Instructions are very complete. Great instructions. I did have to look up how to pick up the stitches for the short rows (my first short rows ever). Just wanted to make sure I was doing things correctly!

Top row: Under beak, close up of face
Bottom Row: View without scarf and posing with a kitty (Cassidy) for size comparison

Super Cute. I have to make one for myself! Lots more pictures on my flickr account.

Friday, November 16, 2007

We have a tree of beads!

It was inevitable that I would put the branches into tree form sooner rather than later. I now have a tree! Yipee! I just need lights and some more ornaments and I need to make a tree skirt. (and did you know that one of these suckers sold on eBay for almost $300!) Woah!
I present le tree!

Beaded Christmas Tree
Le Tree fini!

Tree with pen (for size comparison)

Yeah - it's leaning a bit. But hey - it's wire. I can bend it to straighten it out. Just didn't notice the lean. Of course, it could have happened when it fell over after this shot.....

Kaya loves to snoopervize.

Wednesday, November 14, 2007

Beaded Christmas Tree - branches

A long, long time ago, my mommie bought me a beaded Christmas tree kit. (Reminds me of the opening line to the song American Pie. Hee!) Yeah, so she bought this for me at Michaels (75% off, after Christmas) over a decade ago. It contained everything to make a beaded Christmas tree out of the little seed beads and floral wire. You string the seed beads on the floral wire and then twist the wire to make loops. Several to many loops make a branch. And many branches make a tree. I was young and lost interest after forming branches to make about the top third of the tree. (maybe even less than that, I don't know.)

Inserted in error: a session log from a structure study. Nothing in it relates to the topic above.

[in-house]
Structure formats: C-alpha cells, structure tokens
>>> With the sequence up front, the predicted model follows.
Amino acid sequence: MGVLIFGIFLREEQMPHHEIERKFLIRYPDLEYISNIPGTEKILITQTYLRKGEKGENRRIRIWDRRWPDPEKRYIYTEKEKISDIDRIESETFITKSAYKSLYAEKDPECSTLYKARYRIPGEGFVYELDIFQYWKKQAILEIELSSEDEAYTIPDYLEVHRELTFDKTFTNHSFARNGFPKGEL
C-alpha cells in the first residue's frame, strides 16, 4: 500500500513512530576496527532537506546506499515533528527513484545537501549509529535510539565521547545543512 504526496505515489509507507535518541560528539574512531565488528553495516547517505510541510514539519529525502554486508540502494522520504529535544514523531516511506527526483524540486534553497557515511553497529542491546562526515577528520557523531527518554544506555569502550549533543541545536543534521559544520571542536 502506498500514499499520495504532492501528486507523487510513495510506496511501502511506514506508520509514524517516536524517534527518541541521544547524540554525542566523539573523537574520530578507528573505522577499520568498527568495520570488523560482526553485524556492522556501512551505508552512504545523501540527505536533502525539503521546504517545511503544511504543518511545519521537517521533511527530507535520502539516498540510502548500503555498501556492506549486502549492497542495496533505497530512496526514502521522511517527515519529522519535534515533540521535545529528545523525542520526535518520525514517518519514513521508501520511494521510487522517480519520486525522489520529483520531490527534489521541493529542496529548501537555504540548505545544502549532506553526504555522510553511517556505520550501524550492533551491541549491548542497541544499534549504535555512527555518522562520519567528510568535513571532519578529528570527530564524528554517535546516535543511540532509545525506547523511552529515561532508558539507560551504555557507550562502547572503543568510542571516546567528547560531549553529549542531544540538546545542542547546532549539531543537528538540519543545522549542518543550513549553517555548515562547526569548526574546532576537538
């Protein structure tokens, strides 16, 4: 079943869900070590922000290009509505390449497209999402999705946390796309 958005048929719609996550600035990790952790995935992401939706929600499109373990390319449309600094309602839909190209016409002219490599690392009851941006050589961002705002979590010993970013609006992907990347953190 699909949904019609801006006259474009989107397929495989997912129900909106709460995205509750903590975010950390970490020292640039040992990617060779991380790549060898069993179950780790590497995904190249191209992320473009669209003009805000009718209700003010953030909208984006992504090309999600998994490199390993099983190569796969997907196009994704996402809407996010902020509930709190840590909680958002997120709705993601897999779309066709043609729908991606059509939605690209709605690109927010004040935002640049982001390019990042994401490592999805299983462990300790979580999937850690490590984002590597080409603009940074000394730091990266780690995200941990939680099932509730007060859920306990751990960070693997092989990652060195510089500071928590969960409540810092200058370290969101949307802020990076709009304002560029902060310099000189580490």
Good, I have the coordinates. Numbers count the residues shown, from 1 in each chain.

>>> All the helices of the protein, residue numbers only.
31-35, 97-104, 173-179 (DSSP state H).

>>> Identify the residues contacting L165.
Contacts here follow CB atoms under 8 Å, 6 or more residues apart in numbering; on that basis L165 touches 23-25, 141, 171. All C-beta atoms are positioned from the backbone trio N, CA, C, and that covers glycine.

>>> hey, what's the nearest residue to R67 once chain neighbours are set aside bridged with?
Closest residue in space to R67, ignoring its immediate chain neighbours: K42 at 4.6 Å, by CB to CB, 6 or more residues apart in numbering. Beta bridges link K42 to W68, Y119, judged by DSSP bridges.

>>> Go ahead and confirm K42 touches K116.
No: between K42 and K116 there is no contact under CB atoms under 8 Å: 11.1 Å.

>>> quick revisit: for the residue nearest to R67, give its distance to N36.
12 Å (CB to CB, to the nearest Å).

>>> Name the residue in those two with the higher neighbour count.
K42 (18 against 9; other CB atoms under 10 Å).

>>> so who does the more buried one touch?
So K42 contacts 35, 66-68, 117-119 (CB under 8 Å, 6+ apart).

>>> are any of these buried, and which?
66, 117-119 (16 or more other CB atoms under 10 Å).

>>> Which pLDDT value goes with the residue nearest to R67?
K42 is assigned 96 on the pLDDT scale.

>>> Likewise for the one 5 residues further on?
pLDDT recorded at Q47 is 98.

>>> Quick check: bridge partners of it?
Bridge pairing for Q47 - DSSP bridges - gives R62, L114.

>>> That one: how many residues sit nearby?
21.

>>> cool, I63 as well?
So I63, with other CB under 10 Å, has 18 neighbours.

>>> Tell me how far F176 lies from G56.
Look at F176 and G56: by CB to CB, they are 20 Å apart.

Around Christmas last year, I was flipping through channels and passed the DIY channel and the lady was using a bead spinner to put seed beads on floral wire. The seed beads were green and I instantly thought of my long-forgotten beaded Christmas tree project. I mean, I was putting those beads on by hand one little bead at a time. It took FOREVER! Using a bead spinner was about a hundered times faster. Maybe even a million times faster. No joke. You can put an inch of beads on in about 10 seconds. So, my interest had been renewed in those five seconds and the segment continued. And the lady was making a beaded. Christmas. tree. Oh. my. gosh. It was like the heavens had opened and angels were singing. I just happened to filp by the DIY channel just at that moment. And I had not thought of this project in over a decade. Seriously! And I happened to be watching and saw the bead spinner and in moments remembered the project and how a bead spinner would be perfect but who knows where my stuff for the project is now and I will never find the directions, ever. Maybe I can figure it out or buy directions off of eBay or google it and find something. And *BAM* I'm staring at my project. Too perfect. The project instructions are at I also made my own bead spinner out of a small tupperware-ish container. (Not the real tupperware, but the reuseable kind you buy in the grocery store.)